Part 2: A scary day and a dark night.
The Indian guides stepped in, and two of the trek leaders flanked me front and back, taking my hand when necessary (‘just hold it, please?’) and quickly learning to block my view before I could register the next drop. By the time we made it to the bottom of this valley, crossing a bridge with no sides to have lunch by the river, I was shocked and mortified by what was happening to me. I felt too sick to swallow any food, and there was still the other side of the mountain to climb to reach where we’d camp for the night. I knew my body was empty, but we had to walk on. One of the Indian guides, Manev, said to me, ‘For you this walk is about companionship and helping hands. How very intuitive and wise: you see, I am not the sort of person who asks for help, whatever I’m doing. I push myself hard, finding it difficult to accept help from even my closest friends. And here I was, being forced to literally hold hands with strangers.
The climb up was just as bad, with the awareness that we were getting higher with every step so obviously I would have so much further to fall as I tumbled and broke my neck. I kept hearing a friend’s voice in my ear, ‘baby steps, just watch your feet and don’t look over.’ It wasn’t always easy not to look, though, and eventually I swore at it all. ‘Feck!’ The trek leader in front of me, Dave, said, “Thank goodness for that. I was having trouble with an Irish person who didn’t swear.” I laughed and told him I’d been doing my best to behave myself. From that point on, I used expletives as ammunition to attack every next obstacle the mountain threw at me: brooks over rocks and mud, flaky clay, the large tree that had come down right across our path, hence acquiring my nickname for the week, ‘Madame Feck-feck.’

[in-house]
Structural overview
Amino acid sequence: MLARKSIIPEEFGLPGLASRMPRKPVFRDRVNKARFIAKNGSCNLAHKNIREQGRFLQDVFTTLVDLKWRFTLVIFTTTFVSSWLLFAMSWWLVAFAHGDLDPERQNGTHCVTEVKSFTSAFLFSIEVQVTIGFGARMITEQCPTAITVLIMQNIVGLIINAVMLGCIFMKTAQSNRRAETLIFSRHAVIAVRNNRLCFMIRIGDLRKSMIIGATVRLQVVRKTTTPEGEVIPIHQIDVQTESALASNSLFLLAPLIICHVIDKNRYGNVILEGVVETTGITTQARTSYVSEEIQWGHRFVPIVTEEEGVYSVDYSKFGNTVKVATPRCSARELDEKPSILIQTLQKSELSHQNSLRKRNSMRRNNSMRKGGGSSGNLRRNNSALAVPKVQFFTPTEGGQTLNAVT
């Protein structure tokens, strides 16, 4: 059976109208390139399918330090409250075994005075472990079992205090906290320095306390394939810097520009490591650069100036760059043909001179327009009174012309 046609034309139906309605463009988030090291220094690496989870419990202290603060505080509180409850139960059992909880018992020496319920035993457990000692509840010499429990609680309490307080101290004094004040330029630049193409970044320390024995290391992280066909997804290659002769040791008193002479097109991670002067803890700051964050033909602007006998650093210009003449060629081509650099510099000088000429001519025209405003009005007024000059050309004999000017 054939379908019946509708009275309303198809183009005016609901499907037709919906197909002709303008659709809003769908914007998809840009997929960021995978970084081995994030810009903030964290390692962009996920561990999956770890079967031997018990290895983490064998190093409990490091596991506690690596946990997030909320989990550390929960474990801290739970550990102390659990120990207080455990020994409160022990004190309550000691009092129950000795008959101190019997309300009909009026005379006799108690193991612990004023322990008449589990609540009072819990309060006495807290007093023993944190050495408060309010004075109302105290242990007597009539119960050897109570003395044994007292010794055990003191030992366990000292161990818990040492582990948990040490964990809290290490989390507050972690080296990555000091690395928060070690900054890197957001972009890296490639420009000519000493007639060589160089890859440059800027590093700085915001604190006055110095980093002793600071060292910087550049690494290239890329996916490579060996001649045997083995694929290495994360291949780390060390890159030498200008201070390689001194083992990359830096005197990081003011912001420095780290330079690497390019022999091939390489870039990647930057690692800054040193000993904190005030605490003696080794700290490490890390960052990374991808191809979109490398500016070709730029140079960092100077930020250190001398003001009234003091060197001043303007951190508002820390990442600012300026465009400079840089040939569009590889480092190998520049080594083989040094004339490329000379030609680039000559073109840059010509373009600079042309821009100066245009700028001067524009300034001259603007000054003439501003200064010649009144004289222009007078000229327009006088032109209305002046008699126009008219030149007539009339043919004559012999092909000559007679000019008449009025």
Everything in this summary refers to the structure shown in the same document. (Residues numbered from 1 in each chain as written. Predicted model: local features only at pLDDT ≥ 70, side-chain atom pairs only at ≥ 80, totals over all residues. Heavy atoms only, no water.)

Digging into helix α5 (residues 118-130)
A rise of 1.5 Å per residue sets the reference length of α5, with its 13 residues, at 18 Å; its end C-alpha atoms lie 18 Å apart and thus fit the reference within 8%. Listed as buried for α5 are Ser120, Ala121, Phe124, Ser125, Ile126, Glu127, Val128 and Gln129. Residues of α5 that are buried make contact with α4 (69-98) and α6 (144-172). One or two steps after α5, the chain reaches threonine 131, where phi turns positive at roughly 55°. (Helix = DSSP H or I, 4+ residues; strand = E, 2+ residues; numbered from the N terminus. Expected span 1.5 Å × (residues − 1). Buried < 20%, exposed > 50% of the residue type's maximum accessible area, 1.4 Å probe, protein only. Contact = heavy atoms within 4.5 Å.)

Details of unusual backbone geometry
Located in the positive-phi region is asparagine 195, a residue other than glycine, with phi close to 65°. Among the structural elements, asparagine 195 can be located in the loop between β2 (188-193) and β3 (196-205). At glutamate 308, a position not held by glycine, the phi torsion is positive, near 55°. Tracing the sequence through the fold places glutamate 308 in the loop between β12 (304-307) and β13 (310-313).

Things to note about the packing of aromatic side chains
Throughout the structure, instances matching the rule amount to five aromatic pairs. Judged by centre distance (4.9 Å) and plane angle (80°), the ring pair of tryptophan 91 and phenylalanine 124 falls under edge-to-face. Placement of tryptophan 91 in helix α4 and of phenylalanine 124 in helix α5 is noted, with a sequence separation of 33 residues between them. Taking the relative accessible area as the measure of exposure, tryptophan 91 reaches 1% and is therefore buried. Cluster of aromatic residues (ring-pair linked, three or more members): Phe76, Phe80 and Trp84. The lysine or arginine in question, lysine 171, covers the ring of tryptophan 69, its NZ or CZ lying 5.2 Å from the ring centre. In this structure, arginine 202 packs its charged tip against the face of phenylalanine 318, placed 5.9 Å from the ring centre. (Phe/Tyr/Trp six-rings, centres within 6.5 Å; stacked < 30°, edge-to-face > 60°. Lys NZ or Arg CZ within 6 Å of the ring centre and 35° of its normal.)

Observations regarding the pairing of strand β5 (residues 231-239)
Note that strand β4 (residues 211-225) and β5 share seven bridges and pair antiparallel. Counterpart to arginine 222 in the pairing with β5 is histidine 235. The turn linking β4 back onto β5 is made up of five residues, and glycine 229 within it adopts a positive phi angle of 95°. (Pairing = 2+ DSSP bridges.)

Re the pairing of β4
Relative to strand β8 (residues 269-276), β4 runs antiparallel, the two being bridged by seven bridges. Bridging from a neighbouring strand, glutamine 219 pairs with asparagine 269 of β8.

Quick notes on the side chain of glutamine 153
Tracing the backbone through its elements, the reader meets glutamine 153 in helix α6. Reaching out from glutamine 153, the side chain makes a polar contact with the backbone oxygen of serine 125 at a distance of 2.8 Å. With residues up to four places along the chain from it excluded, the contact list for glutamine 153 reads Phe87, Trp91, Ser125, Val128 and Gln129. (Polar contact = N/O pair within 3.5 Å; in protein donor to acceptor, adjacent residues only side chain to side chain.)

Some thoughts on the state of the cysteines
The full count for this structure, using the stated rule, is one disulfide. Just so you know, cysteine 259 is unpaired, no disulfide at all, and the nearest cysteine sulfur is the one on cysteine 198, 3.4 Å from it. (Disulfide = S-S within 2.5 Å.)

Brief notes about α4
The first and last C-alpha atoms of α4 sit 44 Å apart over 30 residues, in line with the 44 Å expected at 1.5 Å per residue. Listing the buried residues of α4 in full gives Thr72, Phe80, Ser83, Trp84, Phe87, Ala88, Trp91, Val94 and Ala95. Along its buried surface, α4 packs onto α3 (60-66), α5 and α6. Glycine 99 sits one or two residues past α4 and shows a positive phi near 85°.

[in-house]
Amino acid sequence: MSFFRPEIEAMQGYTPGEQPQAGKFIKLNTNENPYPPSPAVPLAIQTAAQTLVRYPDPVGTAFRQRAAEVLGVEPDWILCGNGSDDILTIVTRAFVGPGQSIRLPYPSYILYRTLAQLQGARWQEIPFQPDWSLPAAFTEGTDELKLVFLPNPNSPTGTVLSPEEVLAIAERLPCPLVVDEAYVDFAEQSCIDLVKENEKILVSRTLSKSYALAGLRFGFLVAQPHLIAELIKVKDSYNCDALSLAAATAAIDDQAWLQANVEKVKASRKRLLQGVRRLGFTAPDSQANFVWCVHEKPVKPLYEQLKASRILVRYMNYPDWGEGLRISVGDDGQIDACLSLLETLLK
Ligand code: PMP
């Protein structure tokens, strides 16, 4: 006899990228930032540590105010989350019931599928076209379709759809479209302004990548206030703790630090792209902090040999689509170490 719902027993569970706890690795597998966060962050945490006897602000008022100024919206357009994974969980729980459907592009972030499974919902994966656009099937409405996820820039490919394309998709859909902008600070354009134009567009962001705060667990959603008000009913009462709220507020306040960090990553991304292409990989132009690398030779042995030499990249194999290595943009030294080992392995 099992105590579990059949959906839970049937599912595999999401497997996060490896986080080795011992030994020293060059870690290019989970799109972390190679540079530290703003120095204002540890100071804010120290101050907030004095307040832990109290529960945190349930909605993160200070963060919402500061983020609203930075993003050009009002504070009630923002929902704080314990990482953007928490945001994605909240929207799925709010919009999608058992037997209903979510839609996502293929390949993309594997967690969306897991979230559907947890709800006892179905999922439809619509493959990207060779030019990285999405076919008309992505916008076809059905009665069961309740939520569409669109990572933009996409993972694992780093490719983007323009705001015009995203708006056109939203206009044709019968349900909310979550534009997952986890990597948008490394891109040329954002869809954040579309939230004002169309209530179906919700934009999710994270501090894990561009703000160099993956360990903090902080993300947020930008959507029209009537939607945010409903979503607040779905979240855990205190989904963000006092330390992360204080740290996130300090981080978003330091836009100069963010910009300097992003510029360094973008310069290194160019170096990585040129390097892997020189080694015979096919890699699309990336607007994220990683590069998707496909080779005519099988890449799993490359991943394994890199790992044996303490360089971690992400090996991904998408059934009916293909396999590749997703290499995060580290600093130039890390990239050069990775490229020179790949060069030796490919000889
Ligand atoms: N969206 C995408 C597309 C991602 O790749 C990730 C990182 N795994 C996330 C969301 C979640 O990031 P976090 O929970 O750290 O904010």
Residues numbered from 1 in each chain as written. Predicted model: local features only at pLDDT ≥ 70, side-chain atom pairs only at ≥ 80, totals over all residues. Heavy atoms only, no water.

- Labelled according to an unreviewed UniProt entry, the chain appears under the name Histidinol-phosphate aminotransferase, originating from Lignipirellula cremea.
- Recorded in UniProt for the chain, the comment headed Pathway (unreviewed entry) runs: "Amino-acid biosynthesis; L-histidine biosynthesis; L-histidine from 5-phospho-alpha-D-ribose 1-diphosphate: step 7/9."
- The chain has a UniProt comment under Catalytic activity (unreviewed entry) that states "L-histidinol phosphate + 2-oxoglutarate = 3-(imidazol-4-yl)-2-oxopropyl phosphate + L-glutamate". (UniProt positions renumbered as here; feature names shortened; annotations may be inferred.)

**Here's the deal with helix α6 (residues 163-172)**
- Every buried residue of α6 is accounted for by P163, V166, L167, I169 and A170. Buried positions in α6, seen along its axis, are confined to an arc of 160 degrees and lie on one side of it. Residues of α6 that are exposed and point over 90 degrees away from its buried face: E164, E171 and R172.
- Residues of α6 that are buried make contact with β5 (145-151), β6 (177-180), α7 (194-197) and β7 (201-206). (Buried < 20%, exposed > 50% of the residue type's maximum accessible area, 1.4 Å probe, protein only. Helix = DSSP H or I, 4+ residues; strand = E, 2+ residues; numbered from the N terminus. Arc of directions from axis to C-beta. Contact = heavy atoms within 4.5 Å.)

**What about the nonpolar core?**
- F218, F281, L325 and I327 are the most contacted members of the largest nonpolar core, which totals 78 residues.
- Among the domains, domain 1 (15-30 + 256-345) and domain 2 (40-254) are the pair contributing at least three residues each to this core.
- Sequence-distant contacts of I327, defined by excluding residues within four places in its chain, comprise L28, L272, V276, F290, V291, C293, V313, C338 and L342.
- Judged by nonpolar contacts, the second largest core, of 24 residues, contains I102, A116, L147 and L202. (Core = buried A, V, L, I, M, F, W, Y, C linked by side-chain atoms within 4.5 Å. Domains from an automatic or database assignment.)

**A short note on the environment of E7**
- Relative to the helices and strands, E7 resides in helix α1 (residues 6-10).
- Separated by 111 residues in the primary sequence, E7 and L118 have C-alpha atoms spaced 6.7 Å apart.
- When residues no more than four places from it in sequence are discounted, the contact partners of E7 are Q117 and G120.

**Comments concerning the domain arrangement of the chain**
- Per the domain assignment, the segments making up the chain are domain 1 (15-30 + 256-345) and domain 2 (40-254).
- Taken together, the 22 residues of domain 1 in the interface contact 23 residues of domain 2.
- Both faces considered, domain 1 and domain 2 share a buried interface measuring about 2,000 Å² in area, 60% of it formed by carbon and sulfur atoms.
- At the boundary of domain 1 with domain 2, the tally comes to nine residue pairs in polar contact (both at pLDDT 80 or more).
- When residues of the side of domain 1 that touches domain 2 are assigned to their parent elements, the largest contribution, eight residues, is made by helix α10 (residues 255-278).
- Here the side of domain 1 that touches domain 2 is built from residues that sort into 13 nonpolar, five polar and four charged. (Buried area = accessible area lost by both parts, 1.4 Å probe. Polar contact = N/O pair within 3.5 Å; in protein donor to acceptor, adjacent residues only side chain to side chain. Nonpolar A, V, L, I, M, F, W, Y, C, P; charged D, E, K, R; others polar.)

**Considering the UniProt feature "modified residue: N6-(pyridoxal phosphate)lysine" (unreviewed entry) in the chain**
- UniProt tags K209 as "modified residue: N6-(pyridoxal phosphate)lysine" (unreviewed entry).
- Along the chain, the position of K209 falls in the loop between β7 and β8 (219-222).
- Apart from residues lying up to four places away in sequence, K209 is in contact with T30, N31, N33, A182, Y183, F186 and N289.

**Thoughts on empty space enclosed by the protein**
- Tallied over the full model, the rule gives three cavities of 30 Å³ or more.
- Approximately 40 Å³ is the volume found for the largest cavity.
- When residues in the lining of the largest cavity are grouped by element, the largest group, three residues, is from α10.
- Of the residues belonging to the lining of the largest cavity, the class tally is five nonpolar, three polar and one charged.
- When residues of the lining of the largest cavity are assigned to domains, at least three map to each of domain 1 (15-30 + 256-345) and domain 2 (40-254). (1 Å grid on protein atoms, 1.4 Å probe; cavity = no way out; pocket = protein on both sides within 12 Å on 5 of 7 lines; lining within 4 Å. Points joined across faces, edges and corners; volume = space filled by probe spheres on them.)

I arrived at camp in the dark (and no, I wasn’t last). I wanted to hide in my tent and cry. But I didn’t. After a coffee with a splash of brandy from my tent buddy, I wrapped up in my extra layers, donned my head torch, and went for chai. Circling the edges of chatting groups, I would hear someone refer to ‘that poor woman who was scared of heights’. I’d step forward, “That’d be me.” And another, ‘that poor thing who was crying on the way down,’ “that’d be me.” And that was when I started to make friends.
That night I could not sleep, as in literally – my eyes, my body, my brain simply would not switch off, despite me knowing that I was exhausted and needed it. Instead, the night was filled with flash after flash of all the terrible moments that had made up that fearful day, accompanied by wash after wash of adrenalin-flushed terror. Definitely my long dark night of the soul. I had wanted this trip to India to be in some way spiritually enlightening, but this sure as hell wasn’t what I’d envisioned. So I lay there and made a plan – firstly that when I got home I wouldn’t be so fiercely independent and would invite and be grateful for help in my life, and secondly, that I would make it to the village on the next day’s itinerary, then I’d head back along the road to Dharamsala. You see, I wasn’t afraid of an adventure, I just had to get off this mountain.